All Muni vehicles are being evicted from the downtown portion of Market Street for two weeks starting October 14, so that the Department of Public Works can install conduits for new traffic signals on a three block stretch between Fifth and Eighth Streets. This is the first phase of the tortured “Better Market Street” project, stripped way down from the bloated, unaffordable scope that SFMTA Chief Jeff Tumlin blew the whistle on when he took over in 2019.
Muni’s most popular electric streetcar, an 89-year old Boat Tram from Blackpool, England, will be back on The Embarcadero for an encore at the end of Fleet Week, Saturday-Sunday, October 7-8, 10:15 a.m. – 5:30 p.m.
Dianne Feinstein is rightly being remembered for an astonishing range and depth of accomplishment during her 90 years of life. Her memory is a blessing to all who knew her, especially the thousands of women she mentored as a breakthrough female political leader.
Close to 10,000 smiling people showed up to give some love to San Francisco’s transit history over the weekend of September 23-24. The tenth Muni Heritage celebration was the biggest yet, drawing families from the City and around the Bay, and transit fans from around the nation and even from overseas.
The family-friendly Muni Heritage Weekend lets you ride vintage streetcars and buses and special cable cars that rarely operate. The world’s oldest cable car (1883), one of the oldest electric streetcars (1896), the very first streetcar Muni owned (1912), and the wildly popular English open-top “Boat Tram” (1934) will all be carrying passengers between 10 a.m. and 4 p.m. on Saturday and Sunday, September 23-24.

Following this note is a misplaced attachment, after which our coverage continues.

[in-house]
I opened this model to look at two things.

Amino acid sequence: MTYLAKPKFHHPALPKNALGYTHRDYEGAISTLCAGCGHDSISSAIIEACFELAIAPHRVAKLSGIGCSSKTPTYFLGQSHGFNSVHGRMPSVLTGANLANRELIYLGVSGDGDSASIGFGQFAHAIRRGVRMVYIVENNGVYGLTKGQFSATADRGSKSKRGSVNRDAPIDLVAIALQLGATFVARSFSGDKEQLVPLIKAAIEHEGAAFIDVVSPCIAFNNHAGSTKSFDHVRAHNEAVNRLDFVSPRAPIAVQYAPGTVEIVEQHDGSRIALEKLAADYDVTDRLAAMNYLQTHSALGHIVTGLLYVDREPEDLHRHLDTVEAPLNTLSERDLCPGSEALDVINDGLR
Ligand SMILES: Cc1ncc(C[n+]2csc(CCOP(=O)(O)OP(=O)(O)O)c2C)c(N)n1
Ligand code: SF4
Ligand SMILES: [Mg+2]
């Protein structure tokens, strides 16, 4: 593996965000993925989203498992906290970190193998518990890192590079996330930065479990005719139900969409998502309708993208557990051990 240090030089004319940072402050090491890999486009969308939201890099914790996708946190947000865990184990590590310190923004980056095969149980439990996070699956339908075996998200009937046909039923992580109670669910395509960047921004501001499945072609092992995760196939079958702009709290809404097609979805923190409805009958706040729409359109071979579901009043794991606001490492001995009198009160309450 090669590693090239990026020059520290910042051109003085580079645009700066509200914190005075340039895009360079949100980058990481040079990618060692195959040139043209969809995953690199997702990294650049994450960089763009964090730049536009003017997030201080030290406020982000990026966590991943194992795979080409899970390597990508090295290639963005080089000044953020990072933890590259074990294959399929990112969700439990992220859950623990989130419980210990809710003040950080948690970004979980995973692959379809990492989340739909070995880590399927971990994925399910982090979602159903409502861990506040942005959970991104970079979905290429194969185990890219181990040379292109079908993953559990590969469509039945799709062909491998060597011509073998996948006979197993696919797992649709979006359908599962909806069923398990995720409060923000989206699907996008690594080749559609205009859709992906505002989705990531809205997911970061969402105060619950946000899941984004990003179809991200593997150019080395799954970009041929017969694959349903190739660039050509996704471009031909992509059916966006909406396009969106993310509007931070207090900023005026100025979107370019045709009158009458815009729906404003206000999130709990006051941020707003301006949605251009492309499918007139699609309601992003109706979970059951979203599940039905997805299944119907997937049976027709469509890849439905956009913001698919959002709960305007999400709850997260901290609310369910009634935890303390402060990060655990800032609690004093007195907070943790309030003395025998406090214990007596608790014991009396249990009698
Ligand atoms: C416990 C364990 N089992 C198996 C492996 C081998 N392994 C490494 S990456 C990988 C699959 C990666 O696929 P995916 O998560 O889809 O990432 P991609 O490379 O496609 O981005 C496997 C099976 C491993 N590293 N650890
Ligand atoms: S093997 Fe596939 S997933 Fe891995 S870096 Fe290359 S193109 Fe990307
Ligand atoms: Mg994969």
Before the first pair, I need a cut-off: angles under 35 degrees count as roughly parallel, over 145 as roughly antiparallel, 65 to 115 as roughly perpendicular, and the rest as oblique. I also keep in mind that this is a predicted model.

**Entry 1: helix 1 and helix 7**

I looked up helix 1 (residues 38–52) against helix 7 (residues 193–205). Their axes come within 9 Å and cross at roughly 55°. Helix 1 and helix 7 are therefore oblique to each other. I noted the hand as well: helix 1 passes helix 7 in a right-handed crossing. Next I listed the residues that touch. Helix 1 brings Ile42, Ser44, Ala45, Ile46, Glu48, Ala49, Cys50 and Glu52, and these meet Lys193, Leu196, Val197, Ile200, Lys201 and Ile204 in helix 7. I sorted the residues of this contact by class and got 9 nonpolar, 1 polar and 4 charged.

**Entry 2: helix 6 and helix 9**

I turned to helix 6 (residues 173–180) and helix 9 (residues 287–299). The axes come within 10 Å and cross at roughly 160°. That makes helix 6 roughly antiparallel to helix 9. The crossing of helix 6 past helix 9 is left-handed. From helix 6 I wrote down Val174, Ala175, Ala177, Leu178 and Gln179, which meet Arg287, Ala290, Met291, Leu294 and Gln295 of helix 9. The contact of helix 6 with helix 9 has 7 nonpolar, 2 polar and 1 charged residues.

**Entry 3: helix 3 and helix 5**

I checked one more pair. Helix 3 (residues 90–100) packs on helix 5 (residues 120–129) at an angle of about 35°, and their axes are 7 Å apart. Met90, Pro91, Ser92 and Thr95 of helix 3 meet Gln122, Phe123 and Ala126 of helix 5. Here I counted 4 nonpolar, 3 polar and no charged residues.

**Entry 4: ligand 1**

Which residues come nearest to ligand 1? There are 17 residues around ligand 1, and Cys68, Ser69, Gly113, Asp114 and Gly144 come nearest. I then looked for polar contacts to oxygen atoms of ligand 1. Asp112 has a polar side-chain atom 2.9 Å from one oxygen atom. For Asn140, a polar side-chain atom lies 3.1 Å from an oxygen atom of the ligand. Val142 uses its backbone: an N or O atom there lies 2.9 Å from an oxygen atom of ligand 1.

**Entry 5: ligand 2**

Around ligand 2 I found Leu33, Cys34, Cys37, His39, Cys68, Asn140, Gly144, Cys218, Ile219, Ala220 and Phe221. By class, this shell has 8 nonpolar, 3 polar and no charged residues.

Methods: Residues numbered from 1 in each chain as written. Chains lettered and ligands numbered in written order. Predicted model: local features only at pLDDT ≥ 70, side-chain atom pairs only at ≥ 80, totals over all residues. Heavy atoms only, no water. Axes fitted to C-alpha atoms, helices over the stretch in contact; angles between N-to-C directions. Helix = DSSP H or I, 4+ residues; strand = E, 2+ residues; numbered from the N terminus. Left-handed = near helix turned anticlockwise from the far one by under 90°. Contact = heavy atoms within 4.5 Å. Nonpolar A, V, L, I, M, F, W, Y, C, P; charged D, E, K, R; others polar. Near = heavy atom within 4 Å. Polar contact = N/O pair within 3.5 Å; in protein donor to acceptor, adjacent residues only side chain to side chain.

The 1934 English “Boat Tram” is Muni’s most popular streetcar. But due to a variety of circumstances, including what Muni leader Julie Kirschbaum says is an ongoing shortage of trained operators, it didn’t carry any passengers this year until September 12-13 (Sunday-Monday). Instead, vintage Milan and Melbourne trams have been alternating on Sundays and Mondays carrying people along the northern Embarcadero between Pier 39 and the Ferry Building (with an additional stop at our San Francisco Railway Museum).
On August 2, the 150th anniversary of the first cable car, Market Street Railway honored five folks who made a big difference for San Francisco’s symbols. For the celebration luncheon, we made a video of these heroes — Andrew Hallidie, Friedel Klussmann, Mayor Dianne Feinstein, Fannie Barnes, and Tony Bennett. Take a look. We think you’ll find it worth seven minutes of your time.
We are deeply saddened to learn of the passing of one of Muni’s greatest ambassadors: F-line streetcar operator Michael Delia, who passed away August 31.
Cable cars celebrated their 150th birthday on August 2 with a lively celebration at Market and Powell Streets. The event commemorated inventor Andrew Hallidie’s first cable car trip, down Nob Hill on Clay Street, on August 2, 1873.
After a long illness, Tony Bennett has moved on to perform the Great American Songbook in the sky. It’s now time for San Francisco to immediately give him our highest honor: a cable car dedicated to him. Here’s why.
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